Ammonia can be utilized directly in a combustion engine without conversion to hydrogen, and the infrastructure already exists as it is one of the most produced and transported chemicals. Thus, ammonia—one of the most cost-efficient ways to carry and store renewable hydrogen—can facilitate the introduction of hydrogen into the existing vast infrastructure propelled by cost effective internal combustion engines, extending to ship propulsion, road transport and peak power production.
Ammonia as a fuel for internal combustion engines—both SI and CI—has been studied since the 1960s. Most studies reported poor SI engine performance for 100% ammonia operation and concluded that neat ammonia was suboptimal as an engine fuel without the addition of an ignition promoter such as hydrogen. This has been a major obstacle in the practical application of ammonia for SI engines due to safety and system complexity issues.
Now, a team of researchers from the Technical University of Denmark reports in an open-access paper in the journal Fuel on their investigation of the lean-burn characteristics of ammonia in a pre-mixed SI (Spark Ignition) engine and the influence of spark energy and discharge characteristics on engine performance and emissions in order to mitigate the need for an ignition improver.
All experiments were performed with 100% neat ammonia in an upgraded single-cylinder Cooperative Fuel Research (CFR) engine. The engine is equipped with a smart ignition coil from MSD (8289 Smart Coil) with an integrated igniter circuit. This enables external control of spark timing and dwell time for the coil, which influences the spark discharge profile and ignition energy.
Engine setup schematic. Jespersen et al.
With present engine modifications, emissions of unburned ammonia was measured to be between 5000 and 10000 ppm and with a combustion efficiency above 95%. The team believed the unburned ammonia to originate from crevices, particularly at the ring-pack.
The NOx emission was between 4000 and 800 ppm even at high excess air ratios. It is critical to minimize emissions of N2O, as it is a strong greenhouse gas. It was measured to be between 20 and 80 ppm and appeared to be related to post-oxidation reactions of ammonia released from crevices during expansion.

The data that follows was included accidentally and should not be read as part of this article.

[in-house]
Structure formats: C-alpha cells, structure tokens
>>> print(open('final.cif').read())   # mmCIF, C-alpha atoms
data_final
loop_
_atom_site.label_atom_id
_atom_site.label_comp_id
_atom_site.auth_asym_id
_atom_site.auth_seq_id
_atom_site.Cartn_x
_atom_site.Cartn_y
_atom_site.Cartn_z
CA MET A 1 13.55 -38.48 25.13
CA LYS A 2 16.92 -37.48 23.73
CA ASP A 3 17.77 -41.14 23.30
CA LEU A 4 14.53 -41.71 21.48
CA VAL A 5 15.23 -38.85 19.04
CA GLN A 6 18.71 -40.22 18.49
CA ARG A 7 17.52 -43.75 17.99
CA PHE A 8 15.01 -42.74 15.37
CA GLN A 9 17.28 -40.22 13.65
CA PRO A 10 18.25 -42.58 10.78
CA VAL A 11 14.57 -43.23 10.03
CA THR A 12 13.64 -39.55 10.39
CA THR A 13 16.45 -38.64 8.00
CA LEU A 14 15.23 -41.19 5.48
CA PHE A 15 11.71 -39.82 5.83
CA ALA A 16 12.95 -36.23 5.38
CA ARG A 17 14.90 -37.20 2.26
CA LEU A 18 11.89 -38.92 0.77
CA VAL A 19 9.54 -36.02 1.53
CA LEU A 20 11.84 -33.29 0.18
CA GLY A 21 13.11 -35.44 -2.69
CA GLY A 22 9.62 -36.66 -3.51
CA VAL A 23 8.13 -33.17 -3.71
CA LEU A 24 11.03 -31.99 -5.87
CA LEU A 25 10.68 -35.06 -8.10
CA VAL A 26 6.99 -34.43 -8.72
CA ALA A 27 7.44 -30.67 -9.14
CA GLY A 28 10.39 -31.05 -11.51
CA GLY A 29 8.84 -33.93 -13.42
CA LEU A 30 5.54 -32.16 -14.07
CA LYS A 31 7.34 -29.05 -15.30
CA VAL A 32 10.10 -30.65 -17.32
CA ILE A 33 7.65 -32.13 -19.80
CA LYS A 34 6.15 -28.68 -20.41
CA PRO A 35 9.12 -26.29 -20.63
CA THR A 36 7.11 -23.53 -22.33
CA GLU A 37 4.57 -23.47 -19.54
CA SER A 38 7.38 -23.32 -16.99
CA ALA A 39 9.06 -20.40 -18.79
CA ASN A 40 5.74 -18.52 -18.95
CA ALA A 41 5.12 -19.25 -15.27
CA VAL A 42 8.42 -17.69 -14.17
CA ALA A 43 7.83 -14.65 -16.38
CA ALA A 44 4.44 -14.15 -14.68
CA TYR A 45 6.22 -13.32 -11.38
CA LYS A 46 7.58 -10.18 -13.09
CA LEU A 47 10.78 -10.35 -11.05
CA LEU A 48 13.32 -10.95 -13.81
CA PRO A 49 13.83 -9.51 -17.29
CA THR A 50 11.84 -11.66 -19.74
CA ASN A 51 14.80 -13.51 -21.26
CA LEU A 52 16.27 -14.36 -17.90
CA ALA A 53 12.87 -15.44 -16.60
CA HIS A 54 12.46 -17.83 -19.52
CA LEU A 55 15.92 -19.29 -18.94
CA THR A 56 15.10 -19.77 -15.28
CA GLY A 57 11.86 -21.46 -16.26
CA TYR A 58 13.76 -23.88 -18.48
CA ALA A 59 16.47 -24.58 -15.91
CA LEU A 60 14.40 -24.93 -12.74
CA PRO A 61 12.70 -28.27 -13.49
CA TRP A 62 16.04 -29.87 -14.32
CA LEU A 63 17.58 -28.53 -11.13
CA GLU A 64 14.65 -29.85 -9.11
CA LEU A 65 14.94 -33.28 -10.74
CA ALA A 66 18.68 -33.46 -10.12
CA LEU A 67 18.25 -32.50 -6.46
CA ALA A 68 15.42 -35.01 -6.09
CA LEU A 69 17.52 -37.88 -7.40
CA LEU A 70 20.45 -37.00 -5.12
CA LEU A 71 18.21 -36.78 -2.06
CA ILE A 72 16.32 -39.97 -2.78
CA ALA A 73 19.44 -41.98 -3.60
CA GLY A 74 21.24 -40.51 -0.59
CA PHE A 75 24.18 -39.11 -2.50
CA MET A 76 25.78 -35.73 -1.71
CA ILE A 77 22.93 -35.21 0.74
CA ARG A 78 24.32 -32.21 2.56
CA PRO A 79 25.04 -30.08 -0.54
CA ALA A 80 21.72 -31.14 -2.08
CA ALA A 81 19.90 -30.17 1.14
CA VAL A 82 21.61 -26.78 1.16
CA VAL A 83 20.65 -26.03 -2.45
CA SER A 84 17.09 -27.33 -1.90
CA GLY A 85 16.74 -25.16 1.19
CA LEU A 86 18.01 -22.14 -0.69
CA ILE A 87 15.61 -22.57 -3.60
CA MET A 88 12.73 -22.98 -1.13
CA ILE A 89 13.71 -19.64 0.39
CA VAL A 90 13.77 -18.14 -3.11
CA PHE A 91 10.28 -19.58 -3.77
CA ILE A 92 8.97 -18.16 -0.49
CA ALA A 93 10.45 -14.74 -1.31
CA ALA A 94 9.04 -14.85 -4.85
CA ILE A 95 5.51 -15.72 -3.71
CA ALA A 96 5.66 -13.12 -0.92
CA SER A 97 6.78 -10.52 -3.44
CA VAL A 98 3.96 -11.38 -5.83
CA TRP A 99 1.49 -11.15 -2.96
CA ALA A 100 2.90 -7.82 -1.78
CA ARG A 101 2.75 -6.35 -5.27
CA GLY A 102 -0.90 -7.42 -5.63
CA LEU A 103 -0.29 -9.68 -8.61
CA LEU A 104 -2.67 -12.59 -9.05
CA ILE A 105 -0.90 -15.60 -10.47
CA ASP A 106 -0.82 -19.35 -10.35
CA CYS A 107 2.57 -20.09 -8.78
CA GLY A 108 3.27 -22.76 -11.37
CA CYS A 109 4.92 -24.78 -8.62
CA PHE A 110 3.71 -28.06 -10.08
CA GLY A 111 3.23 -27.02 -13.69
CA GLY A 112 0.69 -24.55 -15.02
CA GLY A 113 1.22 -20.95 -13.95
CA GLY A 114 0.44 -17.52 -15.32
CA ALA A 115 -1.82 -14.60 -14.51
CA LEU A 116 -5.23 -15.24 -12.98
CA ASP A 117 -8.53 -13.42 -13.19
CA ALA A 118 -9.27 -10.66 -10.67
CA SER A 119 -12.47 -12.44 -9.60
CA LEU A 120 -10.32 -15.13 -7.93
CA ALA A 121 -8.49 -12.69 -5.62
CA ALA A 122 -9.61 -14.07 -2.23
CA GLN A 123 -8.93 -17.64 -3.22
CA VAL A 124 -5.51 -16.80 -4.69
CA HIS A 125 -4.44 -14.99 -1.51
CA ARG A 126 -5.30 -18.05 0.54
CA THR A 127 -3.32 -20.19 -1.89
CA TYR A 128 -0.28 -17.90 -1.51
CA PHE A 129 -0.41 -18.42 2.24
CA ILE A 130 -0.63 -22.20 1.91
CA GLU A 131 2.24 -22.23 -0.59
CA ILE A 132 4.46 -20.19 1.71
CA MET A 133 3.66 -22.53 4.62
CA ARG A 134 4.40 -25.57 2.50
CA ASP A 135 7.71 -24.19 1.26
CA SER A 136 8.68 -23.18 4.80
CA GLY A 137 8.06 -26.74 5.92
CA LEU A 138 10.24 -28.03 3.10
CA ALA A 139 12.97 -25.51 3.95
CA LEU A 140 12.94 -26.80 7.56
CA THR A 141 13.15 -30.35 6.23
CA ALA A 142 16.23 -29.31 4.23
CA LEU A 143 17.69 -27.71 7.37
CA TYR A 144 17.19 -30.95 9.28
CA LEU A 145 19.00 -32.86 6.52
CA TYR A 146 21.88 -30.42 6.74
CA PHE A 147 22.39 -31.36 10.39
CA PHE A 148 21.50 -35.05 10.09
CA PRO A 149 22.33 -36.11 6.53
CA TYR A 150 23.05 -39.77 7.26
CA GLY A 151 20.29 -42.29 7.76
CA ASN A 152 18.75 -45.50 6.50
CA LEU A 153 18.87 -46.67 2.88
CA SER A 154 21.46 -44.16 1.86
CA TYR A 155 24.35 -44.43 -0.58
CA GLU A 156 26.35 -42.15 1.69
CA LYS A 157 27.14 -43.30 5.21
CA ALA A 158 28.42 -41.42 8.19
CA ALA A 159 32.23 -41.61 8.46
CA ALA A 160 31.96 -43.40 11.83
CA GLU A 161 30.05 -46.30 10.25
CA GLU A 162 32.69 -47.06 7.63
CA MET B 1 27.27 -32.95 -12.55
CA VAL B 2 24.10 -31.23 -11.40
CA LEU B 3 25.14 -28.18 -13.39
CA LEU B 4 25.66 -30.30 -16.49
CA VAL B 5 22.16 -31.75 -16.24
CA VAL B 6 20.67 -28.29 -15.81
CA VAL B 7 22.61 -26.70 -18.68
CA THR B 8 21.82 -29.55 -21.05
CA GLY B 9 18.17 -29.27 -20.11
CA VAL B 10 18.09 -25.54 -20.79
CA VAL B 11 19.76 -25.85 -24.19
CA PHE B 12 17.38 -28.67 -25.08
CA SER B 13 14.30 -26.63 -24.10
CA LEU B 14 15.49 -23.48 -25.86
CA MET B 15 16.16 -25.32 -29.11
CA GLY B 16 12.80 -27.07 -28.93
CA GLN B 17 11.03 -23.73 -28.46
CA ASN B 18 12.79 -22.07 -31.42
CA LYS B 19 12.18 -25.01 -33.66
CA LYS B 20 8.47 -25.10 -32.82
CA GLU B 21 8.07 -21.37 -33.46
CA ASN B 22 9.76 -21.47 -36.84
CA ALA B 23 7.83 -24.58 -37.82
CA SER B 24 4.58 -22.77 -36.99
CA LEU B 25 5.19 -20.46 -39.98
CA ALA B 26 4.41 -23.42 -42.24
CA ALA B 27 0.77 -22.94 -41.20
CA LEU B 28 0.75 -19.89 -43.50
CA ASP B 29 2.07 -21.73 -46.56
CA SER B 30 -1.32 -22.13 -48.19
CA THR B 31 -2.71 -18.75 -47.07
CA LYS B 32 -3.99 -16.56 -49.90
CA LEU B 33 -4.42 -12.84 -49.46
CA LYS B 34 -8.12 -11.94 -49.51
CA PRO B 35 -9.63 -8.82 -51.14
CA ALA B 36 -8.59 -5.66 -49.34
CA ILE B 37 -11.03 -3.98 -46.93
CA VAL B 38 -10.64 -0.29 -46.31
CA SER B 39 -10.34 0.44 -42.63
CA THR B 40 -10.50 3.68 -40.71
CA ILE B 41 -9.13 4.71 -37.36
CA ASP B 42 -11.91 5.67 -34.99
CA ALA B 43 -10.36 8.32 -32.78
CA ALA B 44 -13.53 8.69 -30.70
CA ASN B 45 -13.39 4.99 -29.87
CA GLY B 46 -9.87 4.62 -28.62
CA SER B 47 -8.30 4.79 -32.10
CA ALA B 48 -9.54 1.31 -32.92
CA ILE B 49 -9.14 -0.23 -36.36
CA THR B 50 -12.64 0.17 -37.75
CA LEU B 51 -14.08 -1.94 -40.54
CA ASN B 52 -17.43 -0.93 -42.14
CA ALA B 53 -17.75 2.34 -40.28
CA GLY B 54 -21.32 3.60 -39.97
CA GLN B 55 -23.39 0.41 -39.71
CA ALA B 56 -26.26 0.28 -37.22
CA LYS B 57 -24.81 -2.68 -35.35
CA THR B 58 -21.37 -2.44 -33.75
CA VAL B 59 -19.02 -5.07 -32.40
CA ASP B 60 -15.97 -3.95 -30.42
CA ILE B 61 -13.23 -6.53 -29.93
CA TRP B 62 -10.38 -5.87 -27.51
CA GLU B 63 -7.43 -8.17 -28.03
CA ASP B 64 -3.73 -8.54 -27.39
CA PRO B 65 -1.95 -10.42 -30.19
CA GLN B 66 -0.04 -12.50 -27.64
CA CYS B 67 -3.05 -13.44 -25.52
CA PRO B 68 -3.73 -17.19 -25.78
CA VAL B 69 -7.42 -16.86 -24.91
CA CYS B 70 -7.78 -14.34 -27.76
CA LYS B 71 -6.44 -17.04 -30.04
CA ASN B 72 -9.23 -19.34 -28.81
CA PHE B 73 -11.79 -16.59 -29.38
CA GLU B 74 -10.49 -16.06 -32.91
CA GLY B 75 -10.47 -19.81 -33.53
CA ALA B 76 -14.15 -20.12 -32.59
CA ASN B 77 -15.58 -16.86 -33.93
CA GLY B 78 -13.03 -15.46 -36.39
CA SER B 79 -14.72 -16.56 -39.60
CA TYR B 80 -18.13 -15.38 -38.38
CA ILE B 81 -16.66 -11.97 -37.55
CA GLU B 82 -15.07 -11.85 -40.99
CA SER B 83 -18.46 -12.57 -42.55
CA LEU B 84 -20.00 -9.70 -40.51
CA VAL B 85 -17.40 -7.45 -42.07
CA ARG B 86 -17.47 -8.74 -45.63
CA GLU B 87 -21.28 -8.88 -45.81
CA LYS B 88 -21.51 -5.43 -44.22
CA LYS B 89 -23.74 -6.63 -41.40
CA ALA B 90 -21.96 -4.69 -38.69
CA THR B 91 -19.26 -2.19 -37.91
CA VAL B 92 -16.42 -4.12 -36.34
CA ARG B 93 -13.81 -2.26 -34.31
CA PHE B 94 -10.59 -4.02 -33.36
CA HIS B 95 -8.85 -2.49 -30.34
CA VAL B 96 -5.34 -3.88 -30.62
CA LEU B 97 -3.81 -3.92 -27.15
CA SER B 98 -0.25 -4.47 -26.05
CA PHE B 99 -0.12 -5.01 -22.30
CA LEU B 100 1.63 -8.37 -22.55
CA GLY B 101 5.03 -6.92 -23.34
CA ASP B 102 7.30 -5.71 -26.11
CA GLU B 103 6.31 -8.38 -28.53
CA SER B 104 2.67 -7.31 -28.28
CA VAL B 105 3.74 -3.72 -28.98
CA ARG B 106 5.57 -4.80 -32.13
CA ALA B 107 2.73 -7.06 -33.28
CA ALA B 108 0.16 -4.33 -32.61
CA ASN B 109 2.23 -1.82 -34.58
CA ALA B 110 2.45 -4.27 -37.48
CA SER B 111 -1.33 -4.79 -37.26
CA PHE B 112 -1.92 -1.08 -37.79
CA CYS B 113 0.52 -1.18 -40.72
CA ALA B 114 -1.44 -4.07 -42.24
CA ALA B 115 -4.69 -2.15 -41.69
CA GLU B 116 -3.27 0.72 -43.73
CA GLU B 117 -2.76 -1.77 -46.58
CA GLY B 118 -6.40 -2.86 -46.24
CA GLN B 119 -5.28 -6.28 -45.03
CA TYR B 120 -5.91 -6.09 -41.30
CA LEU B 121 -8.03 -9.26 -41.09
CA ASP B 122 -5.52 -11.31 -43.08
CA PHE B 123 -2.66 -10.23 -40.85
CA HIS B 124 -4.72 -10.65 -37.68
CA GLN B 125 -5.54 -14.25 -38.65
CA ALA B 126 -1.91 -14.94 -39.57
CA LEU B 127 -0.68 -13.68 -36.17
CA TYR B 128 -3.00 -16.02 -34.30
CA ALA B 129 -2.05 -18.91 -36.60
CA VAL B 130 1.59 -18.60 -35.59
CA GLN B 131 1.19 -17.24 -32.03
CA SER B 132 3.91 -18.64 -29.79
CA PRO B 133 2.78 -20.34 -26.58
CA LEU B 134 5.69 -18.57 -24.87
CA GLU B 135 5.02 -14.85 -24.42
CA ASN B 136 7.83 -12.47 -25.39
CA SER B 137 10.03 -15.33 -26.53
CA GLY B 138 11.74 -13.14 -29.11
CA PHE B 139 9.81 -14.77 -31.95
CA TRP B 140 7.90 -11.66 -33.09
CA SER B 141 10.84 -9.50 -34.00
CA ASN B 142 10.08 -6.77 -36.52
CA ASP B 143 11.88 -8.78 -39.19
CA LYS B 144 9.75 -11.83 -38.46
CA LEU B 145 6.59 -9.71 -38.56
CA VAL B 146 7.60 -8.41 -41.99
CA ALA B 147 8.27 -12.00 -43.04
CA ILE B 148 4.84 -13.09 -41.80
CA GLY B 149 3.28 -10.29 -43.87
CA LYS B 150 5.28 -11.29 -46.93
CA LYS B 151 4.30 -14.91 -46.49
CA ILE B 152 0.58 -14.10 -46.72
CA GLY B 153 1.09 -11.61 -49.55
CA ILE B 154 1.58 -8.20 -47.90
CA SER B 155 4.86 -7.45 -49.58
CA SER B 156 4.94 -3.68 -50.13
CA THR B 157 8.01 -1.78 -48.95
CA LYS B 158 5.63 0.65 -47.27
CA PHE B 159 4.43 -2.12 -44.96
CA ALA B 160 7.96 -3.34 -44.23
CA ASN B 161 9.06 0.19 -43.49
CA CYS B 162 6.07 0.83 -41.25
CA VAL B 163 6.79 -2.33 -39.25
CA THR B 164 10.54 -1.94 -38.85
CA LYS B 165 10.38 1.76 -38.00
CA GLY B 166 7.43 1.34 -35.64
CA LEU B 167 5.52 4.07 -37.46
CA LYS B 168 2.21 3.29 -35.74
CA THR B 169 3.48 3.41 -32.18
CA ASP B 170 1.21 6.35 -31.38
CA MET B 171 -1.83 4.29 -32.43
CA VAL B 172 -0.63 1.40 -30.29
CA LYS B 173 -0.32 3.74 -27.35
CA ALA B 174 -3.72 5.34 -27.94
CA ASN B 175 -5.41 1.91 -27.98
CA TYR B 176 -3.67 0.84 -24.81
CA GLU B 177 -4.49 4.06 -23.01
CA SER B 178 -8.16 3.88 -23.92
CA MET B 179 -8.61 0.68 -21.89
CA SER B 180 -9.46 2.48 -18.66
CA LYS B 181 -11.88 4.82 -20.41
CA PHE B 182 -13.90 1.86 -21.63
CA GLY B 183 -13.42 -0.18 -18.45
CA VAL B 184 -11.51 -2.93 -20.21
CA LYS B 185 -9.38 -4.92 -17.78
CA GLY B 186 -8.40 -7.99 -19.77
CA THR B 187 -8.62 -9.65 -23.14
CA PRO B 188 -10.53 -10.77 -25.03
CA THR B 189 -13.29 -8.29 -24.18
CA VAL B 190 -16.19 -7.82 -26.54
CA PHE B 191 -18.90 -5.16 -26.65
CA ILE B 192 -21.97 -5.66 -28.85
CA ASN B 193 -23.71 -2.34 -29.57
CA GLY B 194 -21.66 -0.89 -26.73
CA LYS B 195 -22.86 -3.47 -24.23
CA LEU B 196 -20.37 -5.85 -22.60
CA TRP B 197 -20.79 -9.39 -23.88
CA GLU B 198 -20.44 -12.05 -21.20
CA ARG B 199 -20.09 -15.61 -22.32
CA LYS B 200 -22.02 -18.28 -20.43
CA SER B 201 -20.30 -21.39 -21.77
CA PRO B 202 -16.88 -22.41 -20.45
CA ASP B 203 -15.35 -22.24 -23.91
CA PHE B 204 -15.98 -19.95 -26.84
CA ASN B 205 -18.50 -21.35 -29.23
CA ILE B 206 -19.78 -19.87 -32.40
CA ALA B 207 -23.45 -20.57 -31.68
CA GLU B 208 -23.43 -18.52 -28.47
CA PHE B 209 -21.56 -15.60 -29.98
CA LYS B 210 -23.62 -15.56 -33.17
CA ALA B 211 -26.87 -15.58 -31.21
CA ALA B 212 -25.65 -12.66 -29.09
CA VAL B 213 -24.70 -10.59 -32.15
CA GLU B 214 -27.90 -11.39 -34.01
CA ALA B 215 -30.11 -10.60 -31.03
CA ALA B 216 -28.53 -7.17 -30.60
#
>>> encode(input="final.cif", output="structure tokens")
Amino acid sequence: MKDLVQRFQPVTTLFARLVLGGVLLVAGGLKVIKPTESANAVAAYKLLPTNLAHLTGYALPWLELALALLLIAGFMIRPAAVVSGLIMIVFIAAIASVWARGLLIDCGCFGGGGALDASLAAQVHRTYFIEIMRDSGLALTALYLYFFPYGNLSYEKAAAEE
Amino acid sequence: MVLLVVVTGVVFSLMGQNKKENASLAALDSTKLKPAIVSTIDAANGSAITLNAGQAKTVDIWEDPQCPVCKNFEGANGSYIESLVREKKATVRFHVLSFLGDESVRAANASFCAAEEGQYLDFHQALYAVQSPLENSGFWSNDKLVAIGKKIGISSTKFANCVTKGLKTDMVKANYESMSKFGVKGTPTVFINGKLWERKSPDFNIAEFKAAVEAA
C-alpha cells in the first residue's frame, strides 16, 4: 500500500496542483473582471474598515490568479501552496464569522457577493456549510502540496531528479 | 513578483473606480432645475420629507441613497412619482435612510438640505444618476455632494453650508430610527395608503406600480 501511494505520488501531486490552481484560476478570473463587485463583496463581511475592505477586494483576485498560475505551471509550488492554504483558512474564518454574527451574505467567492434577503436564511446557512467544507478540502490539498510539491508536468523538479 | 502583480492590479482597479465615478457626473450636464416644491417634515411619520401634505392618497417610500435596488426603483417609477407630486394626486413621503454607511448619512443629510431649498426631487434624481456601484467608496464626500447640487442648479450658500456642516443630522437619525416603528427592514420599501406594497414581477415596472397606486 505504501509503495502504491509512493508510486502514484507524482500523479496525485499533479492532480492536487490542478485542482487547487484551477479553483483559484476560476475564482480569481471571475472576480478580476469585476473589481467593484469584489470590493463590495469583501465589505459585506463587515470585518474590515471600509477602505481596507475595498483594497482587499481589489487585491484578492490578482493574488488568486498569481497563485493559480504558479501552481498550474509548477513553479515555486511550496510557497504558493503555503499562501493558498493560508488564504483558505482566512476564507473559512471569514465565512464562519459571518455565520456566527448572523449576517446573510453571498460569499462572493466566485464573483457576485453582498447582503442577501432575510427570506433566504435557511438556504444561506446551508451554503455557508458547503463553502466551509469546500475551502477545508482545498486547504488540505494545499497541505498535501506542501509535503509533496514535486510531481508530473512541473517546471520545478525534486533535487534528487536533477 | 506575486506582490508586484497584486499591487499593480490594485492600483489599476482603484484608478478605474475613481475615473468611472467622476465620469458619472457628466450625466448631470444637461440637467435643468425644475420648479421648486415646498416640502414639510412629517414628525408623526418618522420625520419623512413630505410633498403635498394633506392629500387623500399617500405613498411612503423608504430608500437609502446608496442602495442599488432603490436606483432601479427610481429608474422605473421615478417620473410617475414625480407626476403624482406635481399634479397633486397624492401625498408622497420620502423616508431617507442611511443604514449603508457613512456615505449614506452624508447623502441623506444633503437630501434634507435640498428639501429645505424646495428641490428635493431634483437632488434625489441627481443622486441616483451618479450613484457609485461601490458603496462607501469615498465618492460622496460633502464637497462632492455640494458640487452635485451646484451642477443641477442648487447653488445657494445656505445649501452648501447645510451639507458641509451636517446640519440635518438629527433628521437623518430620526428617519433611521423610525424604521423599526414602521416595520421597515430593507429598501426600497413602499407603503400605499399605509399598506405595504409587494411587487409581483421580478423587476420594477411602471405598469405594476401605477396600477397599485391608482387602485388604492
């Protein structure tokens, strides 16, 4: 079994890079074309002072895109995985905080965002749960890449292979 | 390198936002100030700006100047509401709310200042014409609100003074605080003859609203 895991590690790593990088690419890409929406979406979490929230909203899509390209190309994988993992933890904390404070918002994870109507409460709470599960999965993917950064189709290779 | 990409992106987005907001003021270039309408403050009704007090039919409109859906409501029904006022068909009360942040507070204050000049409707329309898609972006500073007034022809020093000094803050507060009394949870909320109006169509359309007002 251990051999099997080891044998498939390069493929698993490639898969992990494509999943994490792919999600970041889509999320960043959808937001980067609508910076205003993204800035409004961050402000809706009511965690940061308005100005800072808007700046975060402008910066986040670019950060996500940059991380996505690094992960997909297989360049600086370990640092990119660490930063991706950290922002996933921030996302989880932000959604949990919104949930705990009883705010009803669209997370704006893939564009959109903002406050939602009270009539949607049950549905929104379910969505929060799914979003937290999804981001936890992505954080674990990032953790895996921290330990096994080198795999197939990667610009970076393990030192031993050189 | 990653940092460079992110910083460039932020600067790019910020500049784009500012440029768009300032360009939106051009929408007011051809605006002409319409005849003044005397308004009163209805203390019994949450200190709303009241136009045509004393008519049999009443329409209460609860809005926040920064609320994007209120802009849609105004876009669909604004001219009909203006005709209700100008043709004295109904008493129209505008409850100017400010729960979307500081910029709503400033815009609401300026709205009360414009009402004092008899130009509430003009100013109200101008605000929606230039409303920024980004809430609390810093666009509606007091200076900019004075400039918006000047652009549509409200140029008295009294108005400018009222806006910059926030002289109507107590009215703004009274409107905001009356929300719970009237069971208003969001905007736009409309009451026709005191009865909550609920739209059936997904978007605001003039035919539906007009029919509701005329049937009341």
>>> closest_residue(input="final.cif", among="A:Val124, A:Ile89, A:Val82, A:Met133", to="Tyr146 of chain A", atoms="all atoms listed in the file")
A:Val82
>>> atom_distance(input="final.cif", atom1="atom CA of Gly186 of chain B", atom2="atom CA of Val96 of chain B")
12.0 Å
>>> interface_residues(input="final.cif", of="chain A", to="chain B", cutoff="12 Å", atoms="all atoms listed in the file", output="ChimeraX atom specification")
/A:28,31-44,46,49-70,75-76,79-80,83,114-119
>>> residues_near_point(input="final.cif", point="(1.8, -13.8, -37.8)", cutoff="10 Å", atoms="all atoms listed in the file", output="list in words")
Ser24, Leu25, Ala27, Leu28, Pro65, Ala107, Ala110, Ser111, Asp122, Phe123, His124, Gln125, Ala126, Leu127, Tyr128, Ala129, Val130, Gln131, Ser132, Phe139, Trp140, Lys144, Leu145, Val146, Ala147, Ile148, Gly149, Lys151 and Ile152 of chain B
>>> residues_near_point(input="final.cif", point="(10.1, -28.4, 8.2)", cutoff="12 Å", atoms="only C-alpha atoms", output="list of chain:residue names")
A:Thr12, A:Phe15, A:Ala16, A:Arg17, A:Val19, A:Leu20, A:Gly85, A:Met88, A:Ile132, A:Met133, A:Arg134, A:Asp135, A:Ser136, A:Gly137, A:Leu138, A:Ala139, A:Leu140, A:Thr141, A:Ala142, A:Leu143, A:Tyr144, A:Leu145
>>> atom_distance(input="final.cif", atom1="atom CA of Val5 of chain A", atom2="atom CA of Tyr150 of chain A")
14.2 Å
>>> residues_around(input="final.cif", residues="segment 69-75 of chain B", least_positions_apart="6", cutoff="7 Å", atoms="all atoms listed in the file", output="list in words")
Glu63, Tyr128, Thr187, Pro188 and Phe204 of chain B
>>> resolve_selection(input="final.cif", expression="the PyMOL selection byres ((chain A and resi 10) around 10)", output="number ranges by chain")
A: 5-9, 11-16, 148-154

Advancing the ignition timing proved to be an efficient handle for balancing the emissions of NH3 and NOx. These emissions will be reduced to H2O and N2 in an SCR catalyst if they are correctly balanced. Advancing ignition timing also minimizes the formation of N2O.
The team identified four key parameters to be most critical in premixed ammonia combustion:
Indicated efficiency should be high to minimize fuel consumption.
CoV (Coefficient of variation) of IMEP (Indicated Mean Effective Pressure) should be low to ensure smooth engine operation and stable exhaust composition.
NH3/NOx molar ratio in the exhaust composition should be close to 1 to enable complete conversion of both unburned ammonia and NOx in a SCR catalyst.
N2O should be as low as possible, preferably zero, as it is a strong greenhouse gas. The global warming from use of green ammonia may actually become higher than from fossil diesel if concentrations of N2O is too high.
Successful ignition of neat ammonia at lean condition can be achieved using excessive energy charging of an inductive spark ignition system. Excess charge allow the arc to stretch longer and move along with the swirling flow in the CFR engine before it collapses and restrikes several times during a single spark event.
The optimal air–fuel equivalence ratio was found to be 1.25. At this air excess an optimum indicated efficiency, low CoV and low NH3/NOx ratio close to unity was found. Increasing the intake pressure reduces the NH3/NOx ratio and lower the N2O as well. With the present engine, final adjustment to obtain a NH3/NOx ratio of unity and minimum N2O emission was made by advancing the spark timing and compromising the engine efficiency slightly. A NH3/NOx ratio of unity and minimum N2O emission are critical criteria’s for NH3 operation of engines in order to achieve complete NH3 and NOx removal with an SCR catalyst and minimize global warming from N2O.
The investigation provides evidence that ammonia slip from the present engine primarily originates from unburned fuel trapped in crevices during combustion, and released during the expansion. There is also evidence that N2O is formed during a part of the expansion stroke when crevice releases are mixed with burned gas just hot enough for partly oxidation of NH3. The present test engine has a rather large crevice volume relative to combustion chamber. A smaller crevice would lower the slip of ammonia and this would also lower the N2O emission as well as the NH3/NOx ratio because the NOx would not be affected by the smaller crevices volumes.—Jespersen et al.
Mads Carsten Jespersen, Thomas Østerby Holst Rasmussen, Anders Ivarsson (2023) “Widening the operation limits of a SI engine running on neat ammonia,” Fuel, Volume 358, Part B doi: 10.1016/j.fuel.2023.130159.